Two decades after the Balkans erupted in conflict, it is ironic that the only country whose sovereignty and legitimacy remains consistently challenged is Macedonia, the only country born of Yugoslavia’s initial breakup that escaped war. The problem lays in Macedonia’s name: Even though Macedonia was the name of one of Yugoslavia’s constituent republics since 1944, Greece objected to Macedonia achieving independence under its own name. Macedonia was, after all, also a province of Greece and Athens argued that recognizing an independent Macedonia might encourage secret Macedonia expansionist ambitions. Additionally, Greece claimed the legacy of ancient Macedonia, and Greek nationalists claimed that by taking the name Macedonia, the new republic was seeking to co-opt the legacy of Alexander the Great.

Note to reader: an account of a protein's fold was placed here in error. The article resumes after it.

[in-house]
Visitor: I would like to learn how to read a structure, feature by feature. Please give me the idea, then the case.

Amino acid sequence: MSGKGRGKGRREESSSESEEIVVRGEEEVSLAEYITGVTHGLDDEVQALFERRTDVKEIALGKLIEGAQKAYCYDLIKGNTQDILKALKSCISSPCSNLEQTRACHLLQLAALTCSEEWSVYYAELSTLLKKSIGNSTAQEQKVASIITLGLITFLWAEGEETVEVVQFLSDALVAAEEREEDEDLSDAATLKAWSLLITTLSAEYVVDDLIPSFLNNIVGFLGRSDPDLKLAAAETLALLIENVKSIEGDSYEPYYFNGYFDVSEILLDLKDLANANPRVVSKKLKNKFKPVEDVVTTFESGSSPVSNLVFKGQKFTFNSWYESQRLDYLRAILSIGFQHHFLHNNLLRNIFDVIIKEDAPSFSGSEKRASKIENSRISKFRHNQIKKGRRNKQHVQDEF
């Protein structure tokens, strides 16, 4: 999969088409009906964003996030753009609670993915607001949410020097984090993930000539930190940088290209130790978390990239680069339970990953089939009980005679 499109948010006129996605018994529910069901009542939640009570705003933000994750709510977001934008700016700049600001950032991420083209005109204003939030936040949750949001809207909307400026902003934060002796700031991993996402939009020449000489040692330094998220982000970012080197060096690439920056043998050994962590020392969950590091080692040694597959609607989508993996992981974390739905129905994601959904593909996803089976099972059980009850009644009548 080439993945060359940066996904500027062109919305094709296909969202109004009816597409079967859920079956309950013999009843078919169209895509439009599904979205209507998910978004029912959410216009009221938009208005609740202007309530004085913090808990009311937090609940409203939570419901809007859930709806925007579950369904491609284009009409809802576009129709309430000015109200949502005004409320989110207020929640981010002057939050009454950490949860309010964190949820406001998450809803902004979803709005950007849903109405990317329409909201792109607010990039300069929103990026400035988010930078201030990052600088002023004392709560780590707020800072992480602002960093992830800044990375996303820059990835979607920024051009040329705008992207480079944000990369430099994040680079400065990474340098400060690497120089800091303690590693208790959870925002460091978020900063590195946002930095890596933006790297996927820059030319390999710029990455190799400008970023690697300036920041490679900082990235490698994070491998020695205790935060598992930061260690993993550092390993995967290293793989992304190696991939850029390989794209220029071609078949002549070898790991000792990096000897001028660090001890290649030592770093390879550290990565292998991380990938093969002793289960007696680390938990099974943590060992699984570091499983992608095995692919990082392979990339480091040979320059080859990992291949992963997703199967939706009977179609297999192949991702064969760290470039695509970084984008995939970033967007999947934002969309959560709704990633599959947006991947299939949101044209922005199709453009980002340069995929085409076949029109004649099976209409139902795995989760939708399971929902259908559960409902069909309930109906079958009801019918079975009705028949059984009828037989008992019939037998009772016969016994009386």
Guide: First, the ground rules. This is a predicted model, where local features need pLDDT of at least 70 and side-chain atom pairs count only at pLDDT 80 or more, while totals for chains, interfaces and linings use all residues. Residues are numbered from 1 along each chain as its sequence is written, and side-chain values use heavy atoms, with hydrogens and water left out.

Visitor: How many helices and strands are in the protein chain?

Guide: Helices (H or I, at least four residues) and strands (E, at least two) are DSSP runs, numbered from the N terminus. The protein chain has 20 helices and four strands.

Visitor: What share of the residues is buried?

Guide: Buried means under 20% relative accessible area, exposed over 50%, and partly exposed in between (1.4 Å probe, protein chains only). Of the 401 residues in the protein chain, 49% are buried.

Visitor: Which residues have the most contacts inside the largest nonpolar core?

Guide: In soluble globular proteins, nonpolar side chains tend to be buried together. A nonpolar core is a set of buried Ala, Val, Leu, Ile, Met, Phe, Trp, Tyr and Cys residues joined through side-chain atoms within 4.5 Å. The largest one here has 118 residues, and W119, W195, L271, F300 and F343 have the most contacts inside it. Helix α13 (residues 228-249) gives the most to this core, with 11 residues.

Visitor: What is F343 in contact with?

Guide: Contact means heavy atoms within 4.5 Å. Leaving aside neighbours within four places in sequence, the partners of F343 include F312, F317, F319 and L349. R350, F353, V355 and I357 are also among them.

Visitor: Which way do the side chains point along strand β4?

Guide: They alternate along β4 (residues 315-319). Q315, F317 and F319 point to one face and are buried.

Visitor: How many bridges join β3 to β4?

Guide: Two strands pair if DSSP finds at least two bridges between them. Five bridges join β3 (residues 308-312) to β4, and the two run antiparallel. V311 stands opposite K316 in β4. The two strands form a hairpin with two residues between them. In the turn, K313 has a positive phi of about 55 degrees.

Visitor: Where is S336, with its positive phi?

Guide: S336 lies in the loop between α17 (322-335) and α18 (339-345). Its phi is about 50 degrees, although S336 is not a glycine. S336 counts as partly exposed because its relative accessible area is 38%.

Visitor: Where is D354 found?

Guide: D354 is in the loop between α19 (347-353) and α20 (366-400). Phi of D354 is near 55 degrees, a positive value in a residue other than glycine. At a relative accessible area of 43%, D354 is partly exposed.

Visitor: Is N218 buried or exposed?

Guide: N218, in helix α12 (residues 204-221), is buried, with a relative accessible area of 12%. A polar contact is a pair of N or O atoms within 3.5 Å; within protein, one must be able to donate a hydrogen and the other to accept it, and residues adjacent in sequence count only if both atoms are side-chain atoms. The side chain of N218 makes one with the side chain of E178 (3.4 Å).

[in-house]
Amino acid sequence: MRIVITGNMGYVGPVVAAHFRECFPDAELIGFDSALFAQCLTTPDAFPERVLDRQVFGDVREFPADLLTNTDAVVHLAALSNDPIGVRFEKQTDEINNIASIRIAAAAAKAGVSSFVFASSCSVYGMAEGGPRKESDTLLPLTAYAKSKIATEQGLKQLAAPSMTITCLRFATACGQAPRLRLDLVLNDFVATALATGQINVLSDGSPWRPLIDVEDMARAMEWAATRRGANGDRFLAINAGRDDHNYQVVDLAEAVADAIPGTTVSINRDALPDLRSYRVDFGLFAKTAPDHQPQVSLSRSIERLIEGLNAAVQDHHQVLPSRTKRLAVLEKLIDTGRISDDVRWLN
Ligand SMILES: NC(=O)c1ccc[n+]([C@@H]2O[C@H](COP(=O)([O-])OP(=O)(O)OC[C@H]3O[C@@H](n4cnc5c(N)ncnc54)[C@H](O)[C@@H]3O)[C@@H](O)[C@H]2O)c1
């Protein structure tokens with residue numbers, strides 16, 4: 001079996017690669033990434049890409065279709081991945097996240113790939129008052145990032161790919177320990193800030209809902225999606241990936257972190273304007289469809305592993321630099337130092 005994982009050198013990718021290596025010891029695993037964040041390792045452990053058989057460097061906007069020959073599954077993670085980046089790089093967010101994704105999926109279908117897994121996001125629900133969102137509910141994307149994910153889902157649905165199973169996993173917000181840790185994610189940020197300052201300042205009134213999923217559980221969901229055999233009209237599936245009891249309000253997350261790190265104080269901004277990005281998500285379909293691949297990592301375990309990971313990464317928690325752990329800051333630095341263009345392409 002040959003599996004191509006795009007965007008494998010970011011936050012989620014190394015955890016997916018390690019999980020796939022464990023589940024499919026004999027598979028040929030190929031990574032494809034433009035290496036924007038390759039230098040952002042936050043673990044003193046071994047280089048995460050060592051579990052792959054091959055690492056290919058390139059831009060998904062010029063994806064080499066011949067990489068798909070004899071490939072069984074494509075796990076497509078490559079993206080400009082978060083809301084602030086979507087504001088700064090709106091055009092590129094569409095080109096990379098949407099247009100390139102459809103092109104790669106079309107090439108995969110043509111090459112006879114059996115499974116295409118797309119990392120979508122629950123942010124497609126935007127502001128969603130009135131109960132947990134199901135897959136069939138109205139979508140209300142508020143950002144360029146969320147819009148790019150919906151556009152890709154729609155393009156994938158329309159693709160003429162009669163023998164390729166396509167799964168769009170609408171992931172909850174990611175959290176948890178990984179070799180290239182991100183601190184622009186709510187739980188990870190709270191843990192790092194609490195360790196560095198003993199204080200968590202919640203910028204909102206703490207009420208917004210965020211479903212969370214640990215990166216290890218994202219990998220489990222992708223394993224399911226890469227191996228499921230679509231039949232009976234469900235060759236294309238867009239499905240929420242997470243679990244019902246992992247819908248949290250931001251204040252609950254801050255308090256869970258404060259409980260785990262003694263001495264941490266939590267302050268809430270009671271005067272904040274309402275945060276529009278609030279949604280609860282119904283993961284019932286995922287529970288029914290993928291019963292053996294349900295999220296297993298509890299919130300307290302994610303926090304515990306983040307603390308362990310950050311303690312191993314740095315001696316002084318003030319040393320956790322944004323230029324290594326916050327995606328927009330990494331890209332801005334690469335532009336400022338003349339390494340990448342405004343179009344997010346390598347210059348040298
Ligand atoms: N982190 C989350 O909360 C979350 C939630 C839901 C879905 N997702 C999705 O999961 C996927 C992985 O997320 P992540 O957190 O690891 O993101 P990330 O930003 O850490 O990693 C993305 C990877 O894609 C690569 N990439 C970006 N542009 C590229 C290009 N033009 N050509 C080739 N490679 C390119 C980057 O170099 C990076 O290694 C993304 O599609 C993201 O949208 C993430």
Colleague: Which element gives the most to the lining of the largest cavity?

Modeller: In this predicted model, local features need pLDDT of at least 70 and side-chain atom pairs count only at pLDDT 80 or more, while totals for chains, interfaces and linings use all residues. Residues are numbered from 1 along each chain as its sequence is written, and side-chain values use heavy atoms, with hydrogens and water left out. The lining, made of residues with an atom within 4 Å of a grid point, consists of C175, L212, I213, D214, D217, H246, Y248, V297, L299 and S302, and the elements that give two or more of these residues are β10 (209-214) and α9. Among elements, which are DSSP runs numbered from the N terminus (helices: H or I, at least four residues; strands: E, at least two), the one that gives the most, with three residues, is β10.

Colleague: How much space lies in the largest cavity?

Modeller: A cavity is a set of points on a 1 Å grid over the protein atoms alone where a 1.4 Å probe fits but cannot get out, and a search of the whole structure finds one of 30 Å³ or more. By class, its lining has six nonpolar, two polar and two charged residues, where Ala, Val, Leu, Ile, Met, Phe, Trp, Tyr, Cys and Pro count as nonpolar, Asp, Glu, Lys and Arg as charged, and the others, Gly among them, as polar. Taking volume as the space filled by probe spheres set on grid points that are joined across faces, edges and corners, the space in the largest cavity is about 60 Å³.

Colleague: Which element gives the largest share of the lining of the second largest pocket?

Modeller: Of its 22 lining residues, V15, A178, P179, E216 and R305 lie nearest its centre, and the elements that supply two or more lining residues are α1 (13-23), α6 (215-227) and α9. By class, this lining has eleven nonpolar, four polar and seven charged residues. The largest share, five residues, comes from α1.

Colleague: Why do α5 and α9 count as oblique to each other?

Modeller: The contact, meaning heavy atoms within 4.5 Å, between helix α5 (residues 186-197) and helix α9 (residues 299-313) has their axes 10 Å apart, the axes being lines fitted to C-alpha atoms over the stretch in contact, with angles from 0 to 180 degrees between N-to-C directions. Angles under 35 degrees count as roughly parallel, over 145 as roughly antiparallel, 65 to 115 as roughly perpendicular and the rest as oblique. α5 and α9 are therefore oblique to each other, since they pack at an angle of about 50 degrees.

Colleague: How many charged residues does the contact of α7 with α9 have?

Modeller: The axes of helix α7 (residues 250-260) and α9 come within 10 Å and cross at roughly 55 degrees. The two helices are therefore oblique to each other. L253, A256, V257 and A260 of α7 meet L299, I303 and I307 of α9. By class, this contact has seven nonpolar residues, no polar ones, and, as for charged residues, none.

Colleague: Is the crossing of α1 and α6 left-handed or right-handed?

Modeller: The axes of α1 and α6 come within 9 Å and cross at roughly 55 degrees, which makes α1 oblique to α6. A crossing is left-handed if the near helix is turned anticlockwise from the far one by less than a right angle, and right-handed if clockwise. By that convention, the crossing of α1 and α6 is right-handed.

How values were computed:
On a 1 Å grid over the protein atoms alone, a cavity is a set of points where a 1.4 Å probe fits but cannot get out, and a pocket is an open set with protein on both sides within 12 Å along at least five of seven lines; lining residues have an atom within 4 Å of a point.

Direct talks did not resolve the impasse and so the United Nations sought to side-step the controversy by referring to the new country as the Former Yugolsav Republic of Macedonia (FYROM). Greece did not lift its objects even after the European Community’s Arbitration Commission found that “the use of the name ‘Macedonia’ cannot…imply any territorial claim against another State.”

Certainly the dispute between Greece and Macedonia parallels the dispute between Turkey and the Kurdistan Regional Government. For years, Turkey imposed unofficial sanctions on Iraqi Kurdistan, referring to the federal region as, at most, northern Iraq. Turkish border authorities at Habur were infamous for denying entry to anyone who, under questioning, had said they had arrived from or were born in Kurdistan or even Iraqi Kurdistan. Inside Turkey, hapless travelers and Kurds have found themselves in prison for referring to southeastern Anatolia as Kurdistan.